How The African Traditional Medicine Has Been Neglected Despite It's Ability To Cure Sickness And Diseases.
This article talks about how the African traditional medicine has been neglected and modern medicine has taken over despite the healing ability of the traditional medicine.
Medicinal plants are an integral part of the African healthcare system since time immemorial. Interest in traditional medicine can be explained by the fact that it is a fundamental part of the culture of the people who use it and also due to the economic challenge: on one side, the pharmaceutical drugs are not accessible to the poor and on the other side, the richness and diversity of the fauna and flora of Africa are an inexhaustible source of therapies for panoply of ailments.
Nonetheless, there is still a paucity of clinical evidence to show that they are effective and safe for humans. Without this information, users of traditional medicinal plants in Africa and elsewhere remain skeptical about the value of such therapies. This denies people the freedom to choose plants that are potentially less costly and are more accessible. Another issue concerning the use of botanical remedies is the need to understand the safety of these therapies. For these reasons, information about efficacy and safety of traditional medicines is urgently required. The present paper has endeavoured to overview just a few common medicinal plants from the African continent which have short- as well as long-term potential to be developed as future phytopharmaceuticals to treat and/or manage panoply of infectious and chronic conditions. Within the framework of enhancing the significance of traditional African medicinal plants, aspects such as traditional use, phytochemical composition, and in vitro, in vivo, and clinical studies pertaining to the use of these plants have been explored.
During the last few decades, it has become evident that there exists a plethora of plants with medicinal potential and it is increasingly being accepted that the African traditional medicinal plants might offer potential template molecules in the drug discovery process. Many of the plants presented here show very promising medicinal properties thus warranting further clinical investigations. Nonetheless, only few of them have robust scientific and clinical proofs and with a significant niche market (e.g., Aloe ferox, Artemisia afra, Aspalathus linearis, Centella asiatica, and Pelargonium sidoides) and a lot more have yet to be explored and proved before reaching the global market.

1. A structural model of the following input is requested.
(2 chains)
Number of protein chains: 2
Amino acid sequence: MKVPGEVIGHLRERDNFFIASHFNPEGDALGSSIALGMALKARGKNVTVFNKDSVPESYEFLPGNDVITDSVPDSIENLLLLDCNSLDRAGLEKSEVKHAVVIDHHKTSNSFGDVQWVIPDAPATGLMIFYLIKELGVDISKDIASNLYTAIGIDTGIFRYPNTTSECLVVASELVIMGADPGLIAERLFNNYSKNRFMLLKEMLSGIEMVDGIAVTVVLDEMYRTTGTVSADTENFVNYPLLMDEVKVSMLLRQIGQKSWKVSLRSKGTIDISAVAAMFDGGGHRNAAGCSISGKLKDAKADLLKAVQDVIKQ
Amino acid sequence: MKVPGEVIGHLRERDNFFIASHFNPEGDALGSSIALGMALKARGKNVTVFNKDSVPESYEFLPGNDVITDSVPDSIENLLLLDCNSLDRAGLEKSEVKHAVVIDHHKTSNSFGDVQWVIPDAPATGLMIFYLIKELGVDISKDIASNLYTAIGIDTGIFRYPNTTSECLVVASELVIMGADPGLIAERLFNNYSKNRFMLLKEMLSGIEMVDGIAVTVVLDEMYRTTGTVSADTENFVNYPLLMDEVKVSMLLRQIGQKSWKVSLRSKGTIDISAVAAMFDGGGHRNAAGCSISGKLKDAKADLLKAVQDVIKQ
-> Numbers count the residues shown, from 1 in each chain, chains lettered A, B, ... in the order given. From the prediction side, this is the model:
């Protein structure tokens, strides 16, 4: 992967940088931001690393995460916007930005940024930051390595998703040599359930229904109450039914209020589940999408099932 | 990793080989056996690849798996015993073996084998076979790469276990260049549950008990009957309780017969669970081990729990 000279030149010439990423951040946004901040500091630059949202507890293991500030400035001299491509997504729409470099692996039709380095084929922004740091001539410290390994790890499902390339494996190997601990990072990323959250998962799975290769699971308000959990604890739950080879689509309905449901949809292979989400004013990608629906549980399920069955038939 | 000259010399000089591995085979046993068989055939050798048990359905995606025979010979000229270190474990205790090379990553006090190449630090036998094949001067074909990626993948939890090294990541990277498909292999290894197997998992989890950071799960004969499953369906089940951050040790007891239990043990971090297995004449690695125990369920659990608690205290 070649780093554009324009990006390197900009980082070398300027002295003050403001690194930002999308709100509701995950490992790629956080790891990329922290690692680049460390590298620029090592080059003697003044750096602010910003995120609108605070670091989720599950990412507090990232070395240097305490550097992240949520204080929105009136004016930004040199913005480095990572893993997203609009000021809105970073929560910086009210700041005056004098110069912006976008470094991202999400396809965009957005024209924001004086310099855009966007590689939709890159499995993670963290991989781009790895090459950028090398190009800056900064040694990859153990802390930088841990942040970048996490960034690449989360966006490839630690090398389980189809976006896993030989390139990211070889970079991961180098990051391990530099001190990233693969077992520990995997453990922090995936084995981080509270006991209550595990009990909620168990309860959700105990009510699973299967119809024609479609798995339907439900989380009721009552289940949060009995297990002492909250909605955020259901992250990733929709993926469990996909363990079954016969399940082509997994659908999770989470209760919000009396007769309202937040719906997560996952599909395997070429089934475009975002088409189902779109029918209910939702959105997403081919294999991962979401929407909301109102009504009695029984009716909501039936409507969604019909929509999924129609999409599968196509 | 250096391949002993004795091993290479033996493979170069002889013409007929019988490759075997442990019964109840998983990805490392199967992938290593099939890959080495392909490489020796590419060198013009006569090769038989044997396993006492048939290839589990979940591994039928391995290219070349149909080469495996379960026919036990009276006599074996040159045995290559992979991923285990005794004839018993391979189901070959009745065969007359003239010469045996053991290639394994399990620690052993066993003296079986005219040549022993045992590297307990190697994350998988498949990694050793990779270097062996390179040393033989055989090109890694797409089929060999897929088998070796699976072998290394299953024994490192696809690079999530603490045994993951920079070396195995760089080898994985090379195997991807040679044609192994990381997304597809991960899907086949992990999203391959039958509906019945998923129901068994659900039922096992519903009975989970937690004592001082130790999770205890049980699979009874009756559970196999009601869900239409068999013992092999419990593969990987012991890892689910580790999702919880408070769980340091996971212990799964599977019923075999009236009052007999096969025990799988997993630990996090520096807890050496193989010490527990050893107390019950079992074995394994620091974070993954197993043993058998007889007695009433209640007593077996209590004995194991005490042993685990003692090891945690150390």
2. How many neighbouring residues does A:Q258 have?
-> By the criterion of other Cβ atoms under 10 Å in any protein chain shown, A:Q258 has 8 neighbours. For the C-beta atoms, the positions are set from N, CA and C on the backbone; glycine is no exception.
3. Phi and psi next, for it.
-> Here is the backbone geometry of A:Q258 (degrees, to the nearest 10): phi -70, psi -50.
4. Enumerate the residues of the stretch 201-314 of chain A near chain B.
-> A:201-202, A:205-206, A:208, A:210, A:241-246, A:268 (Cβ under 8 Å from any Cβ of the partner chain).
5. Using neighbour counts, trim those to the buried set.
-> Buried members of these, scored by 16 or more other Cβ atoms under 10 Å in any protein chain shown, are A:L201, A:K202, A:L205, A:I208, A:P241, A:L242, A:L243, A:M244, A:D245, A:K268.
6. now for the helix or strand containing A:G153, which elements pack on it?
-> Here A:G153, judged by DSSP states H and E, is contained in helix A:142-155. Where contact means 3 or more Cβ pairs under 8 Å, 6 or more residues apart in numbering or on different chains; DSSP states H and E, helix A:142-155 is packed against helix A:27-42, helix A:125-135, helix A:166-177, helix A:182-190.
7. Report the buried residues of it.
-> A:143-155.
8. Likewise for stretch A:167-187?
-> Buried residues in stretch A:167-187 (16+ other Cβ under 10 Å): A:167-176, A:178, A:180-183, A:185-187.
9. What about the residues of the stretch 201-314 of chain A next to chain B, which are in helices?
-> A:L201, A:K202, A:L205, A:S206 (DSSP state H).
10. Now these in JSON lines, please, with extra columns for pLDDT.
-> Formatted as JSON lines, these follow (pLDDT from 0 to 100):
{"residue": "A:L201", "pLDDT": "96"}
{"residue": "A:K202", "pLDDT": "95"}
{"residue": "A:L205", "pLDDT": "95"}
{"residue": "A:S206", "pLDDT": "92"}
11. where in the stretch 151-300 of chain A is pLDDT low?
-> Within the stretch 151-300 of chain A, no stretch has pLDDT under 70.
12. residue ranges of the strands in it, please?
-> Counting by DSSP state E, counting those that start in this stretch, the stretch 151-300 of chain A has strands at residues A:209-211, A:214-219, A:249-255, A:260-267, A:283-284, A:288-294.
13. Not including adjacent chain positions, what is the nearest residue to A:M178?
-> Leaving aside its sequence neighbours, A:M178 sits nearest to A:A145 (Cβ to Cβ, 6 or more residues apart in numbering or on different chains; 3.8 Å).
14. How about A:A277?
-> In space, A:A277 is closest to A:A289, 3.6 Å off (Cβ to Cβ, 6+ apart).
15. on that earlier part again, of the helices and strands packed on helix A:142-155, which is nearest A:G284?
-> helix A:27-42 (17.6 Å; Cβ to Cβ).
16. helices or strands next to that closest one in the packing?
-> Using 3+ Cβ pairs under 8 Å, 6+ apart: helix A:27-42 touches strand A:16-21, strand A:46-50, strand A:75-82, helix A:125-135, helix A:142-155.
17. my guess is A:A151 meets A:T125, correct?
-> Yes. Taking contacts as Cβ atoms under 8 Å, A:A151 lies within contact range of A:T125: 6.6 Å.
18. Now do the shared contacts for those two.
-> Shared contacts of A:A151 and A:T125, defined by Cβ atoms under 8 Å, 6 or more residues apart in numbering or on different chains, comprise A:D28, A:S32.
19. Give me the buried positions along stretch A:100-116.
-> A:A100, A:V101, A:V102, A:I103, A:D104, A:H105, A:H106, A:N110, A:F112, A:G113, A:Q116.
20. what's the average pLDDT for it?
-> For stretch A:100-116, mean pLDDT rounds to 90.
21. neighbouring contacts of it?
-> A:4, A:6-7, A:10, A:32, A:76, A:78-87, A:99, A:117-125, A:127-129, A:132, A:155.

Without effective quality control, consistency and market value of the herbal product may be compromised. Indeed, one of the main constraints to the growth of a modern African phytomedicine industry has also been identified as the lack of proper validation of traditional knowledge and also the lack of technical specifications and quality control standards. This makes it extremely difficult for buyers, whether national or international, to evaluate the safety and efficacy of plants and extracts, or compare batches of products from different places or from year to year. This is in marked contrast with Europe and Asia where traditional methods and formulations have been recorded and evaluated both at the local and national levels. This would also tend to justify why the level of trade of phytomedicines in Asia and Europe is blooming more than those in Africa.
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